UGM and Salem Harvest tackle food insecurity, provide meaningful work for guests

Salem Harvest

“Being outside, working in the fields – gardening, if you will – is very therapeutic,”

UGM believes that everyone has something to contribute. To not allow our guests the opportunity to pitch in would rob them of growth, reward, and purpose.

The valuable partnership fostered between Union Gospel Mission of Salem and Salem Harvest helps Mission guests and residents heal in mind, body, and spirit.  

Salem Harvest, a non-profit organization,  distributes food without charge to children, homeless, unemployed, elderly, or low-income individuals. Through the helpful hands of generous volunteers, Salem Harvest gleans produce from local farms that would have otherwise gone to waste.  

There are a few ways UGM and Salem Harvest intersect. 

For one, when Salem Harvest donates handpicked produce to food distribution facilities like Marion Polk Food Share, we reap the benefits—the Food Share is one of our highest-volume food suppliers. 

While there are a couple degrees of separation, Salem Harvest’s contribution to the Salem-Keizer community trickles down to UGM and makes our aim to serve nutritious meals possible.  

Five years ago, Salem Harvest Executive Director Elise Bauman proposed a new facet to our partnership, an opportunity that would further healing to our guests while they selflessly serve others: as often as possible, women staying at Simonka Place can pick produce alongside Salem Harvest. 

“Being outside, working in the fields – gardening, if you will – is very therapeutic,” says Director of Women’s Ministry Kathy Smith. “The act of picking, itself, allows opportunities for the women to get outside of their heads and into something beautiful, something that gives them significance by doing something helpful and meaningful.”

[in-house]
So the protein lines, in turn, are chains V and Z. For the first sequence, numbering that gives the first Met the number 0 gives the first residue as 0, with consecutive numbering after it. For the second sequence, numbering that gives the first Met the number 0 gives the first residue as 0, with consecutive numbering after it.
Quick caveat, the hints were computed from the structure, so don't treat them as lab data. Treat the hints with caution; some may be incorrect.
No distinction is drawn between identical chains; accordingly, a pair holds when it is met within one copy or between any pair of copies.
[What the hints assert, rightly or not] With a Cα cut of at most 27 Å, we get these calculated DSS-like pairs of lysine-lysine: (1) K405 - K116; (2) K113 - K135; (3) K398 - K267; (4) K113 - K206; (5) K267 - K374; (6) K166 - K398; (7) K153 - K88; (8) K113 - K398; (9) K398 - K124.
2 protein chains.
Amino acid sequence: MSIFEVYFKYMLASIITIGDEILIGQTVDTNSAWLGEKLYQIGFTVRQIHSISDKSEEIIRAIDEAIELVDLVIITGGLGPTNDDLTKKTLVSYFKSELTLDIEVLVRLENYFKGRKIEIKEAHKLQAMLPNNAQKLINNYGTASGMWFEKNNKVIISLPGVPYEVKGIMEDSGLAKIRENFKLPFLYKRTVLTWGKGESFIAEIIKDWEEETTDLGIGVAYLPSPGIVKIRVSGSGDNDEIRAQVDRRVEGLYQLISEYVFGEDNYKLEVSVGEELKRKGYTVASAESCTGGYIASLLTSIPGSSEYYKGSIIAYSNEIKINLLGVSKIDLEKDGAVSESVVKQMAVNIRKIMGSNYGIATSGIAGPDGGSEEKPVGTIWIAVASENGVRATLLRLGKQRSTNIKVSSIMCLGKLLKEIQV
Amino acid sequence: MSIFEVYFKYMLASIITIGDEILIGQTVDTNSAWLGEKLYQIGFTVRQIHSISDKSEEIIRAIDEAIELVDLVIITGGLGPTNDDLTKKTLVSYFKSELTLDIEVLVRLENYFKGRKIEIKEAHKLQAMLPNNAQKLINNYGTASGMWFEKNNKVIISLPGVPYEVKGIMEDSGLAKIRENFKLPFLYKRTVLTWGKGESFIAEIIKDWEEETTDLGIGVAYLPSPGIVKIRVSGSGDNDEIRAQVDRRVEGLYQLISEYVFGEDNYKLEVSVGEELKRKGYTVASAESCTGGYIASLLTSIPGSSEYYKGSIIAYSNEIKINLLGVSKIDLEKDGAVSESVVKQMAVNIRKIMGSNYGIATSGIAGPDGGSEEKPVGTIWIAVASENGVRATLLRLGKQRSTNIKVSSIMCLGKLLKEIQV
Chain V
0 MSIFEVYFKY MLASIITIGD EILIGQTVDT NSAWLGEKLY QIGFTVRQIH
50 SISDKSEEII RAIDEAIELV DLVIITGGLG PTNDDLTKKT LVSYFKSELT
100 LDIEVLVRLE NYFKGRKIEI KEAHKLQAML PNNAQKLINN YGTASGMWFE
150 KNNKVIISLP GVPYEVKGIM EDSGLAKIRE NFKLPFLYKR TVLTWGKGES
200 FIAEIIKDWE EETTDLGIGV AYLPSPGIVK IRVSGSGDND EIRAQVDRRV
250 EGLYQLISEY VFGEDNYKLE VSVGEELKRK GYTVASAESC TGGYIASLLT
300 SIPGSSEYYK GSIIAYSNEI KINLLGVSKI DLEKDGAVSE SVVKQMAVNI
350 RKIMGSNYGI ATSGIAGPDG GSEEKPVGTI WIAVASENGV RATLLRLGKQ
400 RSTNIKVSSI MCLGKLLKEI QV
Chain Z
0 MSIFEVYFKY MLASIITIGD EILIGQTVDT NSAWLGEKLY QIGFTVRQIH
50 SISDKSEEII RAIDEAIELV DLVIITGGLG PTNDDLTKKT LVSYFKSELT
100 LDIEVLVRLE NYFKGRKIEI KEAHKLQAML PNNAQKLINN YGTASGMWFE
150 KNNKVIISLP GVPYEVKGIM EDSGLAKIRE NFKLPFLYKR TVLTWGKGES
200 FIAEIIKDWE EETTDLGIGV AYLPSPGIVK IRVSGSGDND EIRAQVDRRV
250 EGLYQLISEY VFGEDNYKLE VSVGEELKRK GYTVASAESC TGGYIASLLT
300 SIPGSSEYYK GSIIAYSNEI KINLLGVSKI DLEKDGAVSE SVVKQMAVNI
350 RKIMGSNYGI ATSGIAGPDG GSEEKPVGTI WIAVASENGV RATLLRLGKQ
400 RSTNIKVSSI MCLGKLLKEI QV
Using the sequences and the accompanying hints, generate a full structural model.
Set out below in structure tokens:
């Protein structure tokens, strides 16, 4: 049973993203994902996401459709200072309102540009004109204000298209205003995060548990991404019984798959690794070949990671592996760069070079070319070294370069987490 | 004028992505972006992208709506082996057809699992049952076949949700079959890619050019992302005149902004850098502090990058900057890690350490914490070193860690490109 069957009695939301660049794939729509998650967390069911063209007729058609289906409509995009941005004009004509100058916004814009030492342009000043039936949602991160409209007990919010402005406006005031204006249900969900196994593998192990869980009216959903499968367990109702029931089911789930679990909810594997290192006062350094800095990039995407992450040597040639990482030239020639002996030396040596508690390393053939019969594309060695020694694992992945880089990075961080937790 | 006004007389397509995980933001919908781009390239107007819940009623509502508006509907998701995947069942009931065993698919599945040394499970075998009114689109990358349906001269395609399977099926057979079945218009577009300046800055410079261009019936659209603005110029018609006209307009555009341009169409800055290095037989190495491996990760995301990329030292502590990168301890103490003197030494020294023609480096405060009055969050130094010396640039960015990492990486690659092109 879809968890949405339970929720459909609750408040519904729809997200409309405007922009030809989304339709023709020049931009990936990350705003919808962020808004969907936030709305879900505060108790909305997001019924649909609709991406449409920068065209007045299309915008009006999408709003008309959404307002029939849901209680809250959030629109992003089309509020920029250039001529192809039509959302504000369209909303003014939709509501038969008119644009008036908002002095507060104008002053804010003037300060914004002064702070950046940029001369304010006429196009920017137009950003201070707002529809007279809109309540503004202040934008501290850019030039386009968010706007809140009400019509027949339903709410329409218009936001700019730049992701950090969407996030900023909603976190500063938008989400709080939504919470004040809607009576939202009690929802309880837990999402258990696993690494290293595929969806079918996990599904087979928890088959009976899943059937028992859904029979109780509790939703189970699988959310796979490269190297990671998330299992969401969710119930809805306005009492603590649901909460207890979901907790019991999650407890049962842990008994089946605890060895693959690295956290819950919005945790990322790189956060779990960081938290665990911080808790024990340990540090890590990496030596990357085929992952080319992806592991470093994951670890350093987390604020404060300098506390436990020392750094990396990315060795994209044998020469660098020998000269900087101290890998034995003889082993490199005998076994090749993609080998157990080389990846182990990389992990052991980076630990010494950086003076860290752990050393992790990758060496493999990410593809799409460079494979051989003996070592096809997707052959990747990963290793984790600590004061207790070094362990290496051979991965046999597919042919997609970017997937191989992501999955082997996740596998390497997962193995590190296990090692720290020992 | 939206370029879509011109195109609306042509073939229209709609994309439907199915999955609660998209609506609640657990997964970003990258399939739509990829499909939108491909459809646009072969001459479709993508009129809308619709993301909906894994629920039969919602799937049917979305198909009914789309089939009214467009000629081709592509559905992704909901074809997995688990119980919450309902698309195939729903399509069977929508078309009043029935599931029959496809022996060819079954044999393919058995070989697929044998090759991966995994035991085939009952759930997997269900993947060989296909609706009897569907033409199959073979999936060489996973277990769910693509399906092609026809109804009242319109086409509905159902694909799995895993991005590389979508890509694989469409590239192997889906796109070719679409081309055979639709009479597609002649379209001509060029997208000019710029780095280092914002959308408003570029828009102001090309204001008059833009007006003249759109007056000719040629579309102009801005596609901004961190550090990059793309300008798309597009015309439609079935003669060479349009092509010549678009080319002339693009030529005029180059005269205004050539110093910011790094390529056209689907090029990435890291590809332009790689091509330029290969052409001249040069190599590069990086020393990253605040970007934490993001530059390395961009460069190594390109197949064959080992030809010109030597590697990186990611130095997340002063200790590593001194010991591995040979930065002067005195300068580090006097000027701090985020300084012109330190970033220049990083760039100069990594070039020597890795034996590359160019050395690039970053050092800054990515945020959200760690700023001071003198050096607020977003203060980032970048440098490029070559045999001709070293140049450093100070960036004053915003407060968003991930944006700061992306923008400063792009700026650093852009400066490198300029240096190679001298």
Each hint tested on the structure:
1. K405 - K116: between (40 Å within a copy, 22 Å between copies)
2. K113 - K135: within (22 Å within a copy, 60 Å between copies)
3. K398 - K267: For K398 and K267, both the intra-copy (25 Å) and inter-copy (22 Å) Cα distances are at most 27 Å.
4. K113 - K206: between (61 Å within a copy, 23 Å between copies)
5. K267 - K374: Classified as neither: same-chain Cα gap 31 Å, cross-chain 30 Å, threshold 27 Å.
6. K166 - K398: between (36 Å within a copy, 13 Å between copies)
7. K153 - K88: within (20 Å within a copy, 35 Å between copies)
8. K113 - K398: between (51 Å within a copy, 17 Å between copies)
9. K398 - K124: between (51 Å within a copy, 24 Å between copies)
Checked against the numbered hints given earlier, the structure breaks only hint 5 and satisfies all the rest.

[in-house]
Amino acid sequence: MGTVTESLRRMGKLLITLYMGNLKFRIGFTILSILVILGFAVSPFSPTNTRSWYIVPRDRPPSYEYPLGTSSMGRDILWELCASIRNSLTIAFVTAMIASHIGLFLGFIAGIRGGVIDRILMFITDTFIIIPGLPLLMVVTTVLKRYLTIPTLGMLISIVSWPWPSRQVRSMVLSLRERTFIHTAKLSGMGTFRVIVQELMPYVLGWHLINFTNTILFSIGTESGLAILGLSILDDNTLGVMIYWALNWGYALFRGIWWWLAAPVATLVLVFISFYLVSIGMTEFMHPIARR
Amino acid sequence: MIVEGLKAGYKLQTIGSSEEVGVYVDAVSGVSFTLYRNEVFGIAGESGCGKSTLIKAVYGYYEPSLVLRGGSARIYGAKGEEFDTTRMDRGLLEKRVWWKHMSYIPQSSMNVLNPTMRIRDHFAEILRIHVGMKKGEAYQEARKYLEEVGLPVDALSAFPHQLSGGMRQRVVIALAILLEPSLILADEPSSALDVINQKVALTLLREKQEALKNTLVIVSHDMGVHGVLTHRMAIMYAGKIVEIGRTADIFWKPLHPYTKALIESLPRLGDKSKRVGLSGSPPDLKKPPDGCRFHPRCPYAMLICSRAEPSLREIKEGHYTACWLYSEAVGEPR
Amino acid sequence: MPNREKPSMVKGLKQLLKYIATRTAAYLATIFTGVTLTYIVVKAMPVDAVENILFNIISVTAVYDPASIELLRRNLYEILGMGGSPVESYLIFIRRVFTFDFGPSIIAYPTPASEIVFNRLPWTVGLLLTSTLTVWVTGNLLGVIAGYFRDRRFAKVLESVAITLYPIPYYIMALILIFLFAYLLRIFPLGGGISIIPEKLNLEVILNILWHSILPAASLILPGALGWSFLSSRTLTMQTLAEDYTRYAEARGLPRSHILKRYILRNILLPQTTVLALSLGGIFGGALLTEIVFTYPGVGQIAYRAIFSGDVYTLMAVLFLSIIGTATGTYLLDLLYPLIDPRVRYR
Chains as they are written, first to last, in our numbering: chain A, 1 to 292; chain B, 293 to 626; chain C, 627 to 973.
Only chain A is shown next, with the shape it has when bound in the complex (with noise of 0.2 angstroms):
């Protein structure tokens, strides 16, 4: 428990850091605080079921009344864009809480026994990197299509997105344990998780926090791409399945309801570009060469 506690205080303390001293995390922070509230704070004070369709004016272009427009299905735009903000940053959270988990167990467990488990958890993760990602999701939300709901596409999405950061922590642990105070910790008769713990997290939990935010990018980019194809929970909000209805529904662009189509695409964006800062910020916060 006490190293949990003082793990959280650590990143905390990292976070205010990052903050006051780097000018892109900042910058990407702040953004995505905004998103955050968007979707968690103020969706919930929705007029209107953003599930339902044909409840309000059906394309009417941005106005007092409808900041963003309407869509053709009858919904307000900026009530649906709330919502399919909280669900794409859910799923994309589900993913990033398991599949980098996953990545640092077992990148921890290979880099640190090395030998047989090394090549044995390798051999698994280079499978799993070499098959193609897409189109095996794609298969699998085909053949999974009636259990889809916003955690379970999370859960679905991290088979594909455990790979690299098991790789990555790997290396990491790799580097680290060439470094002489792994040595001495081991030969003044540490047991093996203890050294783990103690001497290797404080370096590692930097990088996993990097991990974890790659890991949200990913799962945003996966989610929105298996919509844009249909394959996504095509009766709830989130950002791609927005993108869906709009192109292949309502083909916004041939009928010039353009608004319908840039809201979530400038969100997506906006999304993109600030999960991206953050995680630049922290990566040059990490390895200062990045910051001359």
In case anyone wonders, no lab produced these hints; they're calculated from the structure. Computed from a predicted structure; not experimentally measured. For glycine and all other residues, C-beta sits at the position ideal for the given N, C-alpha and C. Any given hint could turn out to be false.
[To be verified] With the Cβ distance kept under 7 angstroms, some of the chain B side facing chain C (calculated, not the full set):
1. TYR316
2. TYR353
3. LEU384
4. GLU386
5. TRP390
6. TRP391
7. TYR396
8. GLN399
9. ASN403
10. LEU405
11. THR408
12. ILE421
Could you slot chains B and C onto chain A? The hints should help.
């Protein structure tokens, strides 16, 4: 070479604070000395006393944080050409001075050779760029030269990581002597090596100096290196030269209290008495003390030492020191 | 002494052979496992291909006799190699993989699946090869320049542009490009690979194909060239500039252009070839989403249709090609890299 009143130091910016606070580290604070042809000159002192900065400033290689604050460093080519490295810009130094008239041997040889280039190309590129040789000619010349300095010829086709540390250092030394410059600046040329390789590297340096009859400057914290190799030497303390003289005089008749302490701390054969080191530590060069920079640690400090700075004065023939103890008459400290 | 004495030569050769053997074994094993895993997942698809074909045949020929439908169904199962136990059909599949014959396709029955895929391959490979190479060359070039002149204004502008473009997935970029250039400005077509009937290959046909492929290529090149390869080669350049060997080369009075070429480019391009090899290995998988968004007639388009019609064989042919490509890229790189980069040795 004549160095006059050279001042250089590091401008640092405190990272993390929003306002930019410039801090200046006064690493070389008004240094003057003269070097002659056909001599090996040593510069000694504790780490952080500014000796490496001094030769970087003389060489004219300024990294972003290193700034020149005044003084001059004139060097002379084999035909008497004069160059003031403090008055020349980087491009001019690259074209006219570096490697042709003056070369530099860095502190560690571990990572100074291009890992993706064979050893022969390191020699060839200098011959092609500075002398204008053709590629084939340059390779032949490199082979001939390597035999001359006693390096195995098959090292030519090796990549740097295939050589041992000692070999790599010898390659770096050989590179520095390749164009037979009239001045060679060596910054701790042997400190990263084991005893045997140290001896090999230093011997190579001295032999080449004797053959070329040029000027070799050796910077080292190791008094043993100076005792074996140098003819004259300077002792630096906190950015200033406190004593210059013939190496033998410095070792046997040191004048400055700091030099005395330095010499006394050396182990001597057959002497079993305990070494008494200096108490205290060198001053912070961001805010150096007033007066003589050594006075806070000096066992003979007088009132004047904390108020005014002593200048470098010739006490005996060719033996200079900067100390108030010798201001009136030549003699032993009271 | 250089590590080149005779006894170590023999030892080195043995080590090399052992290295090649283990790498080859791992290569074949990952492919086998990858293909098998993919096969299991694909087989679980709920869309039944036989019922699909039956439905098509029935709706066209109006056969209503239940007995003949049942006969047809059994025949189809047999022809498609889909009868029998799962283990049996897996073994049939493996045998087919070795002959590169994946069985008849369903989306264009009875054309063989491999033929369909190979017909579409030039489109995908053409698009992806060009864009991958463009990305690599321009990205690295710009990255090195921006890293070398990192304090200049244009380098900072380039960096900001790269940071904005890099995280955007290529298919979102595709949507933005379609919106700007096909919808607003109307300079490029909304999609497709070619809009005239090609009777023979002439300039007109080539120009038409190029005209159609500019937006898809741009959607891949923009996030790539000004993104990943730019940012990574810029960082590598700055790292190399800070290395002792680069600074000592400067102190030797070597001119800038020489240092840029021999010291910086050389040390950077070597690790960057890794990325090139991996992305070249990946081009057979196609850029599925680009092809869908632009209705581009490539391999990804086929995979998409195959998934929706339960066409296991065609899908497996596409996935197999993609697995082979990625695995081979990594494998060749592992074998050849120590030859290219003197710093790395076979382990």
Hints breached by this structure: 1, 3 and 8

UGM believes that everyone has something to contribute. To not allow our guests the opportunity to pitch in would rob them of growth, reward, and purpose. 

“It’s so nice to get away and not think about myself and my problems, not to mention being able to eat what we are picking! Everybody in the house likes that we do it, too,” shares one Simonka Place resident.  

Over the years, the list of delicious whole foods the ladies from Simonka Place have picked and brought back to the house to share has grown: watermelon, zucchini, beans, blueberries, onions, peaches, squash, cucumbers, tomatoes, and almost every kind of produce you can think of. 

In summarizing the value and impact that Salem Harvest has had on UGM, Kathy says it best: 

“Partnering with Salem Harvest is a wonderful example of how UGM is community-connected. We think about so many of the obvious connections with agencies, but this is where we are truly partnering: meeting a community need while they are meeting our needs.” 

At different levels, UGM and Salem Harvest are tackling food insecurity in our community—Salem Harvest’s food donations may help prevent low-income folks teetering on the brink of homelessness while UGM provides the nourishment homeless men and women need to make healthy choices in their lives and take the next best step.  

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I wish there was more facilities like Simonka that were willing to open their doors no matter what your circumstance, no matter what your affliction is.
[God would] tell me He had not gone away, He was still there, and no matter how far I ran, I couldn’t get away.
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